Aston's playing is brilliant. Classic example of leaving breathing room & knowing where NOT to play. He & his brother were one of the tightest rhythm sections in history.
  7. dave_p


    Dec 20, 2005
    back in the early 90's i worked for a sound reinforcement company and we did the wailers in greenwich ct. one day. i was watching the amp rack to make sure none were clipping so i was directly stage left for the whole show and i got to check him out up close. my younger brother has done sound for them more than once. we both agree he is just a great player and great dude all around. very easy guys to work with (junior was a little full of himself).
    btw, i play paintball too but im a geezer. who knows maybe ive run into you at maslars or hogans.
  8. Woodchuck


    Apr 21, 2000
    Atlanta (Grant Park!)
    Gallien Krueger for the last 12 years!
    You mean this guy? :D
  9. Aston is certainly one of my favorite bassists. I started listening to Bob Marley and the Wailers in the late 1970's. The first thing that struck me about the recordings was the bass. It was the combination of Aston's playing and that the bass is way up the mix that made me a big fan of the music.

    I'm currently learning the bass line to "So Much Trouble in the World" (from Marley's "Survival"). What a fun and challenging line it is.

    Paul Mac
  10. Blow


    Jan 9, 2006
    Hi...I totally agree with you. Family Man is a wicked player!!!:ninja:
    Sometimes his playing reminds me of Jamerson...
  11. :) Glad to see there are other fans out there.

    dave_p - I bet i have seen you before, I played at Hogans almost every weekend.

    loendmaestro - Yea, Carlton in my opinion was an amazing drummer. Its a shame he passed.

    Woodchuck, you are one lucky man haha.
  12. This thread made me listen to a bunch of Aston's work with Bob Marley. What make his playing so unique is how fluid he moves from note to note. Even when playing choppy, 8th notes with rests, he has a way of making it flow so well. Also, note his use of space. "Concrete Jungle" and "Three Little Birds" are perfect examples of this.

    Paul Mac
  13. Blow


    Jan 9, 2006
    Mr. Barretts feel, phrasing and tone are really beautiful...those things are something, what playing reggaebass really is about... and by the way...does any of you know Groundation?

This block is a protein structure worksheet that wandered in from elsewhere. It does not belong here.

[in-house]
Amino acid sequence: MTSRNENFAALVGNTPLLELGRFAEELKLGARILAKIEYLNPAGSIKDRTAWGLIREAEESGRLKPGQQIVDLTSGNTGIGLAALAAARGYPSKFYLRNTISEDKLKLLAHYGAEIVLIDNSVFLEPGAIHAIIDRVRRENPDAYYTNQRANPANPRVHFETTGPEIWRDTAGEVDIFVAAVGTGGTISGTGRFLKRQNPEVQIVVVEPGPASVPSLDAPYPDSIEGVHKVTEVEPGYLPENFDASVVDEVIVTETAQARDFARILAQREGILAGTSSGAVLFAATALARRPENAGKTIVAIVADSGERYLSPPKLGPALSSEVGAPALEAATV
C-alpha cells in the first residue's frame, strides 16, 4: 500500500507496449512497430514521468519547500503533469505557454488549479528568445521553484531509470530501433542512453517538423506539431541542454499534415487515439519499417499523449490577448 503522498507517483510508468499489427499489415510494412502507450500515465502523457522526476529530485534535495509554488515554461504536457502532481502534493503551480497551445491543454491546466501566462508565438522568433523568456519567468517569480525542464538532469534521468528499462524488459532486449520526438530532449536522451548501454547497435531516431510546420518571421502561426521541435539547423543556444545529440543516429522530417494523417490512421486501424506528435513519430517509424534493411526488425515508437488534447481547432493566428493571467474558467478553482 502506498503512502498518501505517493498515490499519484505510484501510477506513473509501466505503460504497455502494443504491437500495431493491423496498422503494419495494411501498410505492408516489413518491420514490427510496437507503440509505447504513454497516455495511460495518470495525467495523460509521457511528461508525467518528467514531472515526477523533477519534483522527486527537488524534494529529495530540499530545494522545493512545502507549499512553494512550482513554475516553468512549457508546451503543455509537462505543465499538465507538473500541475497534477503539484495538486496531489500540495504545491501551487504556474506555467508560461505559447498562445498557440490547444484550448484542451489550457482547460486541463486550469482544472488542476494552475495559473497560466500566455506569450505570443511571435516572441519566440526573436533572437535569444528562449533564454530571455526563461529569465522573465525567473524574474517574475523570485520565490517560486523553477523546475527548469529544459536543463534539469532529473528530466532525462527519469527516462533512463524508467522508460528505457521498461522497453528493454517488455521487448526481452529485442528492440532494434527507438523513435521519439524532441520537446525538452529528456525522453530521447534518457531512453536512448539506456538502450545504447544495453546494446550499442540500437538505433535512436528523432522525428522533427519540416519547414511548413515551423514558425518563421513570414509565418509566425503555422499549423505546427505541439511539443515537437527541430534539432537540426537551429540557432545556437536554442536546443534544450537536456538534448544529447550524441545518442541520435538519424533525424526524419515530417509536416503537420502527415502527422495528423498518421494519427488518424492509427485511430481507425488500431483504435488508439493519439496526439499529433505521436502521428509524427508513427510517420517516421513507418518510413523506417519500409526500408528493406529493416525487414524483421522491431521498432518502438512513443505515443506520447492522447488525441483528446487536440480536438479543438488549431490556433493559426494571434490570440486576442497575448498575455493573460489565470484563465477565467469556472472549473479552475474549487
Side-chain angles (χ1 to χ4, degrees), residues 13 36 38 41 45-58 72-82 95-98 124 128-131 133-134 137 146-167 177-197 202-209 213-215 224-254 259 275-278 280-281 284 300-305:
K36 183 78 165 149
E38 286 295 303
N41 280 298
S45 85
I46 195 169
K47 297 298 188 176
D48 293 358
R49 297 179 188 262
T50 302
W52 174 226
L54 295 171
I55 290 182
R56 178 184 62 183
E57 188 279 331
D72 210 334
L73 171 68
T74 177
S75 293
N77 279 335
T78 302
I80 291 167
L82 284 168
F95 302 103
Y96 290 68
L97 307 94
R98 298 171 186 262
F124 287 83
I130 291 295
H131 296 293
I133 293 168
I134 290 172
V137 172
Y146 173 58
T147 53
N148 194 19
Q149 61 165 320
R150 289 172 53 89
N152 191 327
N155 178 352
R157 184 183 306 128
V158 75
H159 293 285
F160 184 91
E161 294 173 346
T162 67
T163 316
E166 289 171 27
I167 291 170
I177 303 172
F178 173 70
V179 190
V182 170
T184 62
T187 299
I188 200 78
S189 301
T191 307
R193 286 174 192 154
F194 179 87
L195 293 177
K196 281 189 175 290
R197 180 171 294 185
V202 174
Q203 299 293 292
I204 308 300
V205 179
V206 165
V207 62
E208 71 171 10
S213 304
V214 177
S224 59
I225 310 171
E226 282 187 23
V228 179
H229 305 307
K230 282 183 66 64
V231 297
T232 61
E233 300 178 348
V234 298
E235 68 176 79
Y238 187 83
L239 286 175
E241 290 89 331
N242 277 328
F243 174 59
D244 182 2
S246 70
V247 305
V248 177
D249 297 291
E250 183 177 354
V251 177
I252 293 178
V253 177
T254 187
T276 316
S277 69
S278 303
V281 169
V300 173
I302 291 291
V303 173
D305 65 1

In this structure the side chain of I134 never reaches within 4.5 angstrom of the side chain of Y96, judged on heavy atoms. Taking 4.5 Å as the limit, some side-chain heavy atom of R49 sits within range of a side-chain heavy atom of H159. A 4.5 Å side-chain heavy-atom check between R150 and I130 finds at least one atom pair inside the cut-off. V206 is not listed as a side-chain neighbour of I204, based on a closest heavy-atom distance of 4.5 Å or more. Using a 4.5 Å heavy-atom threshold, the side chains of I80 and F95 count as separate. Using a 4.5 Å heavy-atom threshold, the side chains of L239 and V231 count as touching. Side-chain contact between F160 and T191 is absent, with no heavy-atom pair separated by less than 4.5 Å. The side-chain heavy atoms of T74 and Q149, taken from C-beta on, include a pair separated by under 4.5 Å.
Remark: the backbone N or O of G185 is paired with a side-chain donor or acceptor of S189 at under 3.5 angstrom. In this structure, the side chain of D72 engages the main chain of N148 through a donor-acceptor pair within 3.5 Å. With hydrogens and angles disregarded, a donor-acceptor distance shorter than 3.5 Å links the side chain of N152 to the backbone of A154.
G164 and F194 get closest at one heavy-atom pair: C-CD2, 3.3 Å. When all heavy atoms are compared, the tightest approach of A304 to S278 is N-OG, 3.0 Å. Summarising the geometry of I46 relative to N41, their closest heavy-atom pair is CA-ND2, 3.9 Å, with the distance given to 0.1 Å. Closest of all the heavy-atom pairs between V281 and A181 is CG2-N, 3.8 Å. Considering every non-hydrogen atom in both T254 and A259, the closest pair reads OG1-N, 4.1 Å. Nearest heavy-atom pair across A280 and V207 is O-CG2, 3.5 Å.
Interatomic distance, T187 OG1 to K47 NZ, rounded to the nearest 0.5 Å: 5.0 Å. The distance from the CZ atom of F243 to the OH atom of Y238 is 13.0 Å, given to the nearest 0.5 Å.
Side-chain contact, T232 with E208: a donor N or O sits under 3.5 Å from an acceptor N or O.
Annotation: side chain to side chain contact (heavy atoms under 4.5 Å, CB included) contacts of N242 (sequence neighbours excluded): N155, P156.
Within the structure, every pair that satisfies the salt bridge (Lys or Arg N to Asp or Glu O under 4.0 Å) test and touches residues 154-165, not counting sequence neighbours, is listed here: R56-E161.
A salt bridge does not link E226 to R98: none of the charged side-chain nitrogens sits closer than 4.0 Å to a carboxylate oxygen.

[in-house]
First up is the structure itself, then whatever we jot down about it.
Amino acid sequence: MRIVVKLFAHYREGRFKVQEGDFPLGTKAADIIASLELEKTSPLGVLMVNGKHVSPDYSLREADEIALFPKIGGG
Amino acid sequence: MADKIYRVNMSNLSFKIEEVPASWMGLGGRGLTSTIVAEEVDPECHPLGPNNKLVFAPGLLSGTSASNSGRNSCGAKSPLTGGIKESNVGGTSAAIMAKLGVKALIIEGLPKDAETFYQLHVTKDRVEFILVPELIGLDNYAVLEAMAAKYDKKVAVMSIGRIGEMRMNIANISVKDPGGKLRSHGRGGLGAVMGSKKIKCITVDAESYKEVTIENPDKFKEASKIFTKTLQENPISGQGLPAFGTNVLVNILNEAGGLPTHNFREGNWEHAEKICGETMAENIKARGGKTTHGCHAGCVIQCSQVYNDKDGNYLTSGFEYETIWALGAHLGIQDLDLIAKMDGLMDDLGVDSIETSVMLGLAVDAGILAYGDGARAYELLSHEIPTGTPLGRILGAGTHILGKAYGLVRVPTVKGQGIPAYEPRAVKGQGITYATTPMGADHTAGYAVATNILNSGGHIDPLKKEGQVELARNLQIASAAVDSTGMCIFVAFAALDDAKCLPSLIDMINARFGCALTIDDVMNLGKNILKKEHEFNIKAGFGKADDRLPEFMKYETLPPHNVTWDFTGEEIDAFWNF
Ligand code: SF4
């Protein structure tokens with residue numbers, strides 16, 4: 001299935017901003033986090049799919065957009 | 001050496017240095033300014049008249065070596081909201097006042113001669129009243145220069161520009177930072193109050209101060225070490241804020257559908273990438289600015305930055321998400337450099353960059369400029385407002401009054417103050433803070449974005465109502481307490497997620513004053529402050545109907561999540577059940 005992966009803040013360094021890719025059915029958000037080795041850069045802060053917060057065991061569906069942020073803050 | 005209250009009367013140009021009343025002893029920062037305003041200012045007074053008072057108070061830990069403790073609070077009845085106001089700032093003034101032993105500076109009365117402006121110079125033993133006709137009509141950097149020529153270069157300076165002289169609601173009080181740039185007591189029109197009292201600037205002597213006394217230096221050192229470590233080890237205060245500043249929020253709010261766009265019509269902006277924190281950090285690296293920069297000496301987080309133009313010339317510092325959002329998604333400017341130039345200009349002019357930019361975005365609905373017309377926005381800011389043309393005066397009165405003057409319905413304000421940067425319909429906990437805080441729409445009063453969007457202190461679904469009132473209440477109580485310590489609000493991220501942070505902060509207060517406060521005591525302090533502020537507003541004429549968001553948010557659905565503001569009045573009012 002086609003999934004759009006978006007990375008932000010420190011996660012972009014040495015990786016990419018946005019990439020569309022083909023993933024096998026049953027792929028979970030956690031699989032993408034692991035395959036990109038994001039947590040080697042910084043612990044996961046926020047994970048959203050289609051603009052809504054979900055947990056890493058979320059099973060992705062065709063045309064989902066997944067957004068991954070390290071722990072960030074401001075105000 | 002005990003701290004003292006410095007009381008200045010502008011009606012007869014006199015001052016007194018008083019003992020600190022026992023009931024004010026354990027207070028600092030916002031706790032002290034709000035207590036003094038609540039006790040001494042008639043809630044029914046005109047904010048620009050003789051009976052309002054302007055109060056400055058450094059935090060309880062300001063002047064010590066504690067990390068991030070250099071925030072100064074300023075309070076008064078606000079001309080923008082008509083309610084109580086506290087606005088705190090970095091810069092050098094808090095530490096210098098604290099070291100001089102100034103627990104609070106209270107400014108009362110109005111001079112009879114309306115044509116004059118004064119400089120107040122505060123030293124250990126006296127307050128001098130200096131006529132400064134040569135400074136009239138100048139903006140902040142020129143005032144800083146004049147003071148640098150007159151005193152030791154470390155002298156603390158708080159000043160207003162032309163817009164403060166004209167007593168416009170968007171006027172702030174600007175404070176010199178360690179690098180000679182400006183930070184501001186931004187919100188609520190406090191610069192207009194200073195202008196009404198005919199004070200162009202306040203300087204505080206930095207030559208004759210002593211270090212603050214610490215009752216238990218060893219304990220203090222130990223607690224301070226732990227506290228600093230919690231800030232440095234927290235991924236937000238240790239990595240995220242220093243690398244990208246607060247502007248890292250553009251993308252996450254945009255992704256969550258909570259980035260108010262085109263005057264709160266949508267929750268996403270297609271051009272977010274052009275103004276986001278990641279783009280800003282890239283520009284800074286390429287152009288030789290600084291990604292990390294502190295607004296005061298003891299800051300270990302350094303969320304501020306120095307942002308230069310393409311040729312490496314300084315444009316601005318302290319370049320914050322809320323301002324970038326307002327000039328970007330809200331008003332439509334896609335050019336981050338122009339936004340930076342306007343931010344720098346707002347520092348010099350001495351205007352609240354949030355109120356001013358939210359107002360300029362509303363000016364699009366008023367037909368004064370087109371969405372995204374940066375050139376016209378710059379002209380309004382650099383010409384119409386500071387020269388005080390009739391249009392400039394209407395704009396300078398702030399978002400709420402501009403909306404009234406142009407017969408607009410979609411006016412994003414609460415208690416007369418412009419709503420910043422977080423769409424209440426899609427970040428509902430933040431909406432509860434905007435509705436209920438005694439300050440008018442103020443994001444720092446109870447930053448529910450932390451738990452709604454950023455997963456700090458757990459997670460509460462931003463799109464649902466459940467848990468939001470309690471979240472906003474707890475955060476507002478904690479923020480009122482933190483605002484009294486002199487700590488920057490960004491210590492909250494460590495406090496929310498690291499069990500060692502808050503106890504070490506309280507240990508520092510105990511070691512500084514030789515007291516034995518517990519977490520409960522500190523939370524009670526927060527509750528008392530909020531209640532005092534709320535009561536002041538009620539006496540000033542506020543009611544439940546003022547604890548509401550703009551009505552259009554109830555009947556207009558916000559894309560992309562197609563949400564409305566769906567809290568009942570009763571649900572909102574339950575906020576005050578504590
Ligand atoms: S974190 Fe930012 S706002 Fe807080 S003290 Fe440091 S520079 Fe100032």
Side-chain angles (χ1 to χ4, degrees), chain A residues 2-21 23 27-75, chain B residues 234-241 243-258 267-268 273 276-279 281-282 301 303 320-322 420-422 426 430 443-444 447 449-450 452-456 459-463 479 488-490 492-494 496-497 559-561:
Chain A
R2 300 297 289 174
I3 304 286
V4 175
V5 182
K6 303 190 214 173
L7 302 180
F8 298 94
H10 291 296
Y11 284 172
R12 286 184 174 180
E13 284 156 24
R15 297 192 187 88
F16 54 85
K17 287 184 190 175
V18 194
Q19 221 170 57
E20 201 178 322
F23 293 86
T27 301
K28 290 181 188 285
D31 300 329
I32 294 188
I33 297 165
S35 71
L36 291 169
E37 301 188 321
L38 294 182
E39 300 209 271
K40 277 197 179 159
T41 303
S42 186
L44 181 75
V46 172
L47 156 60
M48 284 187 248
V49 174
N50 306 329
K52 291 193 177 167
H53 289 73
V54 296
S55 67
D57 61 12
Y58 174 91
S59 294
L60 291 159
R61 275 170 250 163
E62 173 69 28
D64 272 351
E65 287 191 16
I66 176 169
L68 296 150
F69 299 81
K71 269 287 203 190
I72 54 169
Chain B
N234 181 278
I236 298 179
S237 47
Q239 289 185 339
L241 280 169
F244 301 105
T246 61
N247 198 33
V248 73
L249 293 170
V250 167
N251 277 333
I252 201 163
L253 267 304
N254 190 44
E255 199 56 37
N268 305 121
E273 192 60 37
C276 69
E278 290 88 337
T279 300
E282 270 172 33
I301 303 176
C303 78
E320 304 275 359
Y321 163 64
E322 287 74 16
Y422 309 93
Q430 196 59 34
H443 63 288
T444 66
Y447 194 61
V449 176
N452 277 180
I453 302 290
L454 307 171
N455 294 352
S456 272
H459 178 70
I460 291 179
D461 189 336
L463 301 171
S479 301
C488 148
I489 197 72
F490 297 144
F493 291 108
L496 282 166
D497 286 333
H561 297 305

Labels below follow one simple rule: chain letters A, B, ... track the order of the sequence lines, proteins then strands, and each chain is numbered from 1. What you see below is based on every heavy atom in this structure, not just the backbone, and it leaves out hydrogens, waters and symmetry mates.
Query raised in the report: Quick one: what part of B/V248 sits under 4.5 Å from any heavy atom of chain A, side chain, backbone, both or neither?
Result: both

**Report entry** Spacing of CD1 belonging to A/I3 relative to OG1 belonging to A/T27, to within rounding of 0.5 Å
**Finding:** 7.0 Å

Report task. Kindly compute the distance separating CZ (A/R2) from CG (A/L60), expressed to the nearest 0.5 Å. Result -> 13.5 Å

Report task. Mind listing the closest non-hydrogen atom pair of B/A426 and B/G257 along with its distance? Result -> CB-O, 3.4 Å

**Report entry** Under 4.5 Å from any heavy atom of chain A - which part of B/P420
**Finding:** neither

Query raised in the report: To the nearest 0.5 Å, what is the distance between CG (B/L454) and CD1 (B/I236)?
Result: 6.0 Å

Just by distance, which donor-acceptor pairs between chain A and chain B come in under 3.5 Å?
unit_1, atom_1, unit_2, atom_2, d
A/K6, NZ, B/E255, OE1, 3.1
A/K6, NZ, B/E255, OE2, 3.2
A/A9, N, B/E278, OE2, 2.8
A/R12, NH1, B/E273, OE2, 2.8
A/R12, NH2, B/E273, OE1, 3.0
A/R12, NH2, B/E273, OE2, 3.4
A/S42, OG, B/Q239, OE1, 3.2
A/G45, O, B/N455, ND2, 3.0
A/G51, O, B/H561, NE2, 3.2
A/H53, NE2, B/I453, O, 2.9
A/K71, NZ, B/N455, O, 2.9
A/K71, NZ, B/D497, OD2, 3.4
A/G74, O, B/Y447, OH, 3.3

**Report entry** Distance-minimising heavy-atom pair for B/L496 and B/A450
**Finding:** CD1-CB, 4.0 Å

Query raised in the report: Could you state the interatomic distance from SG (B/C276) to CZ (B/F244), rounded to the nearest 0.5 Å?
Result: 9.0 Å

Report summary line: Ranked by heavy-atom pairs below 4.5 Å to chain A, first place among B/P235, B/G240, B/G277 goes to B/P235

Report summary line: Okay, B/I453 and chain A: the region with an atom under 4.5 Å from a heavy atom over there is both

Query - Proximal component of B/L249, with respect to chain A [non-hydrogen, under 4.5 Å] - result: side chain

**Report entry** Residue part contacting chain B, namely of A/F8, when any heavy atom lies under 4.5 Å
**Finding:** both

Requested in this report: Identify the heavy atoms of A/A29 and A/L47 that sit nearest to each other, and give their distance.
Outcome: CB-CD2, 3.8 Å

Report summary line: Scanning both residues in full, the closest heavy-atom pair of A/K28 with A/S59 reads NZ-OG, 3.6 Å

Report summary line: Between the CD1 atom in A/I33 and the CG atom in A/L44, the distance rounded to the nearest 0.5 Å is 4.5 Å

What do you think of the bassplayer?
    Check out the Rototom Sunsplash homepage. There you can watch hours of concerts, lots of great singers and bands...ooriginaaalllll stufffff:D
  14. dlloyd

    dlloyd zzzzzzzzzzzzzzz

    Apr 21, 2004
    While Lee Perry was certainly one of the pioneers of Dub, and I love his work, I wouldn't say he invented it. King Tubby has more of a claim to that accolade.

    Back on topic:

    There's a great interview with Familyman here...

  15. jomahu


    Dec 15, 2004
    Bos, MA
    that's a great bassline. my band has a song where i like to throw in snippets of "so much trouble."
  16. It says he gives music lessons.

    How about everyone puts their resources together and finds a way for me to get lessons from Mr. Barrett! :) hahaha
  17. Woodchuck


    Apr 21, 2000
    Atlanta (Grant Park!)
    Gallien Krueger for the last 12 years!
    I actually have his number. ;)
  18. How about you phone him up, and say you know a wonderful kid who would like lessons!

  19. tomthedude


    Jun 8, 2004
    im another huge fan of him. i got marley and the wailers live at the rainbow for christmas!

  20. gop_jeff


    Feb 18, 2006
    Puyallup, WA
    I also am a huge Aston Barrett fan. I saw the Wailers in Seattle back in 2002, though I was too far away from the stage to pick up on any particulars of playing style. He's definitely one of my biggest influences!